The sound systems included with large LCD TVs, and older systems are never that impressive. Ultimately, the TV manufacturers pay attention to creating a great picture, but not necessarily an impressive cinematic sound to accompany it. Lovers of movie scores and people who simply enjoy feeling the rumble of the engine in a Fast and Furious movie or the sound of a real scream in a horror flick want to really feel it.

To better satisfy these types of consumers, soundbars were created. These are long (some as long as 29-inches) and thin speakers which lay at the bottom of the TV display area to create an improved sound experience. These types of products are best suited to TVs that have displays which are 32-inches and larger so that the speaker doesn’t dwarf the dimensions of the TV set in the living room, den, or bedroom.

The speakers themselves can have a couple or even nine separate speakers contained in the single soundbar. Sometimes there is also a separate super woofer speaker for deeper thundering bass sounds too.

With a single soundbar, these qualify as 2.0 whereas, with the additional subwoofer, the sound is 2.1. These numbers refer to the number of channels that is separated and played by a different speaker. Some systems are designed to use surround sound technologies too.

Some soundbars include DTS TruVolume, which is a Dedicated to Sound technology to normalize the volume in the playback to avoid the need to keep adjusting the sound level up and down during playback of a series of music videos or TV episodes. DTS is often included with 2.0 and 2.1 systems which have become somewhat standardized across the home entertainment industry. The sound tends to be crystal clear on quality products with minimal harmonic distortion noticeable. DTS TruSurround is another technology that uses virtualization to create the impression of surround sound from a 2.0 / 2.1 audio system and is included with some soundbar models.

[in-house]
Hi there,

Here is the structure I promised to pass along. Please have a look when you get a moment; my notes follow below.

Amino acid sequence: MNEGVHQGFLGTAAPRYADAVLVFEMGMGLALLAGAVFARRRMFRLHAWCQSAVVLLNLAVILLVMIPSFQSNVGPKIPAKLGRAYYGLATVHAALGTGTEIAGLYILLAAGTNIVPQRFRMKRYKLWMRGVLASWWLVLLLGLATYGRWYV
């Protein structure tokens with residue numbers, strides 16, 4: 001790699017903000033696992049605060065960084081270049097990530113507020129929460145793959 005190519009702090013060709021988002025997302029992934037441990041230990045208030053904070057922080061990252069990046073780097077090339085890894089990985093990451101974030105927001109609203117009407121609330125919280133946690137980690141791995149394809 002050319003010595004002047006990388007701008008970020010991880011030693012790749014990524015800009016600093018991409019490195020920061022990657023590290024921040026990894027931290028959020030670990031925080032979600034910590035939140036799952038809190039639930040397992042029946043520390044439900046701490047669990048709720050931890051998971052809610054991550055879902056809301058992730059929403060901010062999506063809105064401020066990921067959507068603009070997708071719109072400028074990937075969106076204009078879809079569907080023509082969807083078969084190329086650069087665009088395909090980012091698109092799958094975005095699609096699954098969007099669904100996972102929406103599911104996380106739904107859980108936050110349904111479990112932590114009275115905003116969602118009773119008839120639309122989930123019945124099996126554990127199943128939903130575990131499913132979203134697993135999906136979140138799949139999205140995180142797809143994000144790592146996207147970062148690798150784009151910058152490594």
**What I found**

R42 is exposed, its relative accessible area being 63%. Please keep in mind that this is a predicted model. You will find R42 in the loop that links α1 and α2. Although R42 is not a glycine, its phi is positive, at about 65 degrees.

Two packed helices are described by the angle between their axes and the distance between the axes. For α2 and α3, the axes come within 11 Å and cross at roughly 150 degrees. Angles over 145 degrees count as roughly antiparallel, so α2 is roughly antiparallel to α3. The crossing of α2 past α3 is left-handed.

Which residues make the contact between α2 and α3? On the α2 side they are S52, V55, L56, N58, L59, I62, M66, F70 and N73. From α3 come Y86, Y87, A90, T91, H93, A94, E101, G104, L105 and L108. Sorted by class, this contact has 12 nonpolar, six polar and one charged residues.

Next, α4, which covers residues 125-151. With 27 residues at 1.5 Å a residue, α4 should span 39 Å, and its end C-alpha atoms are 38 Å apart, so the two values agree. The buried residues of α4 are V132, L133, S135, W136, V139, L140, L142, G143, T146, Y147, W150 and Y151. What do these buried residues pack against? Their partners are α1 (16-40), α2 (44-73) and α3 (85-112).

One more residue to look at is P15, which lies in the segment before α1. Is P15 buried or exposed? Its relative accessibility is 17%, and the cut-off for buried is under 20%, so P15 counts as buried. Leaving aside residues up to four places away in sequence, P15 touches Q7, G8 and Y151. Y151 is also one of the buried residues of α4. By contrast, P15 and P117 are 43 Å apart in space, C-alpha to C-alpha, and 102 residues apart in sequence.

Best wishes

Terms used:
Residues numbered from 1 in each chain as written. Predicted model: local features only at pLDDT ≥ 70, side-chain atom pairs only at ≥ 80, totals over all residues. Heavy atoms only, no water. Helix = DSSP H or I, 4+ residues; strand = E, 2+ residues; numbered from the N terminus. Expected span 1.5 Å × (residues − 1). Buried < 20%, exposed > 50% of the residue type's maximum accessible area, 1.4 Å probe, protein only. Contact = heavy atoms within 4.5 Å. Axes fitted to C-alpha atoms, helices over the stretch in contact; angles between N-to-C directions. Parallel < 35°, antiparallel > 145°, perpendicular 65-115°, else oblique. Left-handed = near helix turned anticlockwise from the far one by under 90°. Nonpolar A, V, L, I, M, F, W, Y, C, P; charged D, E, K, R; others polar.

Actual 5.0 and 7.0 audio systems require separate speakers that are positioned around the seating area to provide an immersive listening experience with the noise of an actor’s footsteps heard behind the seating area. These types of systems are available, but they’re considerably more expensive, require individual speaker stands too, and need more space in the room; not every living space can devote this much floor area to a surround sound set up.

A few soundbars double as Wi-Fi connected intelligent systems for HDTV, streaming music, and movies across the Internet using a mobile app to control what’s heard through the system. The Smart TV concept is brought to soundbars even if the TV isn’t as smart as the speaker system. An excellent cost saving there without needing to upgrade the whole entertainment center.

Bluetooth is often included to let users connect with their smartphone or tablet and beam over content like YouTube clips, music and movies from their preferred streaming media provider.

Almost all soundbars come with a convenient remote control to make fine adjustments to the settings. However, these units often also include physical buttons to turn the power on/off, select Bluetooth mode, and adjust the volume up/down.